Unbeaten since 2005, Pacquiao plans to fight five or six more times. That would leave seven or eight years between his retirement from the ring and the campaign of his life. “Manny is going to be president of the Philippines,” says his legendary promoter, Bob Arum. Arum, 79, promoted the Ali-Frazier “Thrilla in Manila” in 1975, three years before Pacquiao was born. He compares Pacquiao’s charisma to Ali’s. “He wants to help his people like Mandela, like Gandhi, and his popularity gives him a platform. We may be seeing the first stage of a world leader’s life.”
Under Philippine law, presidents must be at least 40 years old. They serve six-year terms. Pacquiao will be 37 when the next presidential election comes in 2016, so he can’t run until 2022. By then his children—Emmanuel Jr., Michael, Princess and Queen Elizabeth—will be teenagers or older. Jinkee’s hands may be pinned to her sides by ever-heavier diamonds. Pacquiao’s goatee will be going gray, his tats fading, his legacy…what?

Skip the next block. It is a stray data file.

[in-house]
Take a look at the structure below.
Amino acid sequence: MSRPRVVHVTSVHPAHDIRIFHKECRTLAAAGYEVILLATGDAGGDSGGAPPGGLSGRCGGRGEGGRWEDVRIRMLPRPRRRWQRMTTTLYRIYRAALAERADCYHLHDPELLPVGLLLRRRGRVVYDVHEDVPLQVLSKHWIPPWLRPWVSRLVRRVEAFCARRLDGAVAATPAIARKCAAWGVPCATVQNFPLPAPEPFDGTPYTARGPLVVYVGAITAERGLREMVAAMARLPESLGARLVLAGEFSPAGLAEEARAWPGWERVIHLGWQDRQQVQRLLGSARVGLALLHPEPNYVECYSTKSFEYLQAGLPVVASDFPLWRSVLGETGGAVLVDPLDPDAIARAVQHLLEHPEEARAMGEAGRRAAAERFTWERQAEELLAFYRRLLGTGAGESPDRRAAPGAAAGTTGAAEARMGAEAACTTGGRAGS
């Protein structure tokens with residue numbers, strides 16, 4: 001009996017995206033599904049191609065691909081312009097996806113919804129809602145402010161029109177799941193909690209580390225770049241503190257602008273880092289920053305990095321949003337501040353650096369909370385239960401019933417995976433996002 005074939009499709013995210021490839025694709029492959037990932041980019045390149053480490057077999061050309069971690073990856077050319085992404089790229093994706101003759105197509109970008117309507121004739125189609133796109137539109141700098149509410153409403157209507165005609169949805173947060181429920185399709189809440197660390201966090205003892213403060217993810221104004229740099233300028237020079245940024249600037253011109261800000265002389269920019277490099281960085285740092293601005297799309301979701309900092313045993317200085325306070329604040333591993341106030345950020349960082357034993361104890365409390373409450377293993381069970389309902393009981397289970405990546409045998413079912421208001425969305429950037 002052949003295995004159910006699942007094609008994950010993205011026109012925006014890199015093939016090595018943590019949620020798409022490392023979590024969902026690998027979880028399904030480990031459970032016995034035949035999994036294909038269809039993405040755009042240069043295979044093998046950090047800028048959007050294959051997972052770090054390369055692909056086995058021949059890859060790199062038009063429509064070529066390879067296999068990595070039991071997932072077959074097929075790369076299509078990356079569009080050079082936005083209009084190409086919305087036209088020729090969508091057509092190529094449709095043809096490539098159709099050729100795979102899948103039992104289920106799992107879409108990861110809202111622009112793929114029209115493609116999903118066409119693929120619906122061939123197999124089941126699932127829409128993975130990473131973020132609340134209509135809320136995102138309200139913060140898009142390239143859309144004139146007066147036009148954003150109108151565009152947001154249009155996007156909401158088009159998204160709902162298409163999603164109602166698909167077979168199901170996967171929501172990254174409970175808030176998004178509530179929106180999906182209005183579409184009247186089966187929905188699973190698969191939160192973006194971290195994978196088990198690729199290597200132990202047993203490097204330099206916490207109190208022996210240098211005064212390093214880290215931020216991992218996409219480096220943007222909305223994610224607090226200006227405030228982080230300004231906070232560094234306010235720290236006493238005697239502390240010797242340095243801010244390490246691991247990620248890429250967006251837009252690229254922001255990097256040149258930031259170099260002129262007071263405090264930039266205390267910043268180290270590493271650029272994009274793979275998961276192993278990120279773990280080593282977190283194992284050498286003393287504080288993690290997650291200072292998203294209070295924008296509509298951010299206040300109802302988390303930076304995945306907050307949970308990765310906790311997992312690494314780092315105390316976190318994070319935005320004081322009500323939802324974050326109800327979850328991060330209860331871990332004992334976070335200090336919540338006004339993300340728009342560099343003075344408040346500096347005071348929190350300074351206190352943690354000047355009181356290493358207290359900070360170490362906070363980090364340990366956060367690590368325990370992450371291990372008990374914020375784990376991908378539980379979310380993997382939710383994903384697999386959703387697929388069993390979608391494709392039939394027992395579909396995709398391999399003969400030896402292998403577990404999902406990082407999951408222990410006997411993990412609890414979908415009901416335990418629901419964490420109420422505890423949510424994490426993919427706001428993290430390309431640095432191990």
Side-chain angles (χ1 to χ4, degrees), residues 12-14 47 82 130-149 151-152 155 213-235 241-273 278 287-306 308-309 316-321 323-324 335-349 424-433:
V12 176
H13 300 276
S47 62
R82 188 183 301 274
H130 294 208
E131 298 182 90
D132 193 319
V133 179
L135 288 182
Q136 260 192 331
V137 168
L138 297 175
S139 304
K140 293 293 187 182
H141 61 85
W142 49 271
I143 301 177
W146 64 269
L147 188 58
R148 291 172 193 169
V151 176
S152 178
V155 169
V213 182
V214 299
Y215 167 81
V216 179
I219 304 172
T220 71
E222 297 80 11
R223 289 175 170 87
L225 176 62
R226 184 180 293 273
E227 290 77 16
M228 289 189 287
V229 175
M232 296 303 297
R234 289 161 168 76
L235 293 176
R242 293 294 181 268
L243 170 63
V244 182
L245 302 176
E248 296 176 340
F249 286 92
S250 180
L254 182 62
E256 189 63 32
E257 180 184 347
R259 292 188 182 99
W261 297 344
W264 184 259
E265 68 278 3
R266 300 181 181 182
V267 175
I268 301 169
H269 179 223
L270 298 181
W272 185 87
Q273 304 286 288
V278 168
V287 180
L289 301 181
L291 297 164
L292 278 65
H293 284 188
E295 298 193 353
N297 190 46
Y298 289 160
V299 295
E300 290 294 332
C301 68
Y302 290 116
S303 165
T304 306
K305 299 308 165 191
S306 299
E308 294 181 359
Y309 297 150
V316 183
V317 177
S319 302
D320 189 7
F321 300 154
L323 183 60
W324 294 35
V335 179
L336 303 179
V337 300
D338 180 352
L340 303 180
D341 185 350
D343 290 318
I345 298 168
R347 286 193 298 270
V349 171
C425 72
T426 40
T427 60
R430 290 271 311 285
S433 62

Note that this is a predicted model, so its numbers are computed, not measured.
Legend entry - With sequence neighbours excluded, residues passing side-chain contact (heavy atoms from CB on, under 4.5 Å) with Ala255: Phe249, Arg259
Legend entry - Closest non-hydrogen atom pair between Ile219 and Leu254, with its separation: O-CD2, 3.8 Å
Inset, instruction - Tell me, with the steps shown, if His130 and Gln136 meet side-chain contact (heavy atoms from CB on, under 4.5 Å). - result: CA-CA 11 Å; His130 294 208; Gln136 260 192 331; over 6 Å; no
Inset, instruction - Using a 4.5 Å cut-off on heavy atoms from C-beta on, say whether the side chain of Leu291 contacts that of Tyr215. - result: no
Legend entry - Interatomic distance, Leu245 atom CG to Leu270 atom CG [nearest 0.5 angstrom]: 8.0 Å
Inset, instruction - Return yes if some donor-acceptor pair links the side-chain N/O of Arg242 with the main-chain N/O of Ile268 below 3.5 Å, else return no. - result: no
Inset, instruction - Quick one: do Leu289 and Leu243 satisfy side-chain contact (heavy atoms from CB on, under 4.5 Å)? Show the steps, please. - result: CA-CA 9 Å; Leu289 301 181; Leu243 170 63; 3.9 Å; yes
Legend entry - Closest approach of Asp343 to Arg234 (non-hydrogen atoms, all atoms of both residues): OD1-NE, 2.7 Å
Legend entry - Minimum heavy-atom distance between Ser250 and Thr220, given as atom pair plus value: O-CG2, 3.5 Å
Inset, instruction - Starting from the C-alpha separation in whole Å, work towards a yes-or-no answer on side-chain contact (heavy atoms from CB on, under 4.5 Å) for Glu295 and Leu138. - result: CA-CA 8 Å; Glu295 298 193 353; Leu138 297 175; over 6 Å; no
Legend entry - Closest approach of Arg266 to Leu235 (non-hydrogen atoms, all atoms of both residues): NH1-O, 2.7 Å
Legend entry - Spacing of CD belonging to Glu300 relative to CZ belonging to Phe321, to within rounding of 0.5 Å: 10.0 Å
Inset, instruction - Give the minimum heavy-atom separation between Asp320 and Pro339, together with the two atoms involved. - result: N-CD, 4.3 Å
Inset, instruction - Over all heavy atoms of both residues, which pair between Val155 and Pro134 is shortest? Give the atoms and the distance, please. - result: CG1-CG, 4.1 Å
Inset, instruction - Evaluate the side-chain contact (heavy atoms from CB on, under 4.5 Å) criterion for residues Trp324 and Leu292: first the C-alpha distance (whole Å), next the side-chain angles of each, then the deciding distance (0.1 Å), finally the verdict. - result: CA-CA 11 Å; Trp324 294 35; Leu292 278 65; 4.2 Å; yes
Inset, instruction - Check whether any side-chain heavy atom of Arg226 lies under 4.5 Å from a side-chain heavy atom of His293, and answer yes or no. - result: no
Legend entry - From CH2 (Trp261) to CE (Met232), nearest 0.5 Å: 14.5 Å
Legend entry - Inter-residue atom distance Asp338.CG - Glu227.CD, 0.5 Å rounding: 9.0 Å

“I am a man of the people,” he tells me again. “I have to win all my fights, all the fights I have left, so I don’t disappoint them. Boxing, then politics.”
He already has his face on a Philippine postage stamp. When he’s not voting on bills in Manila, starring in martial-arts movies, schmoozing with Playmates from the Philippine edition of playboy (“We’re all jealous of Jinkee,” one says), introducing products like his MP8 cologne and healthy “Pacquiao Produce” veggies or training for his next bout, he hosts innumerable civic events, often jamming onstage with his MP Band. When he and Will Ferrell sang “Imagine” on Jimmy Kimmel Live (“You may say I’m a dreamer, but I’m not the only one…no need for greed or hunger, a brotherhood of man”), it was a joke to Ferrell, but Pacquiao meant it.
In Baguio he hosted the first annual Congressman Manny Pacquiao Cup, a nationally televised basketball tournament in which Team Pacquiao and the MP Warriors were favored, mostly because he was playing for both teams. Opposing players whipped cell phones out of their uniform shorts to snap photos of Pacquiao. Lucky for him, Team Pacquiao and the MP Warriors were in opposite brackets. The tourney ended before he had to guard himself.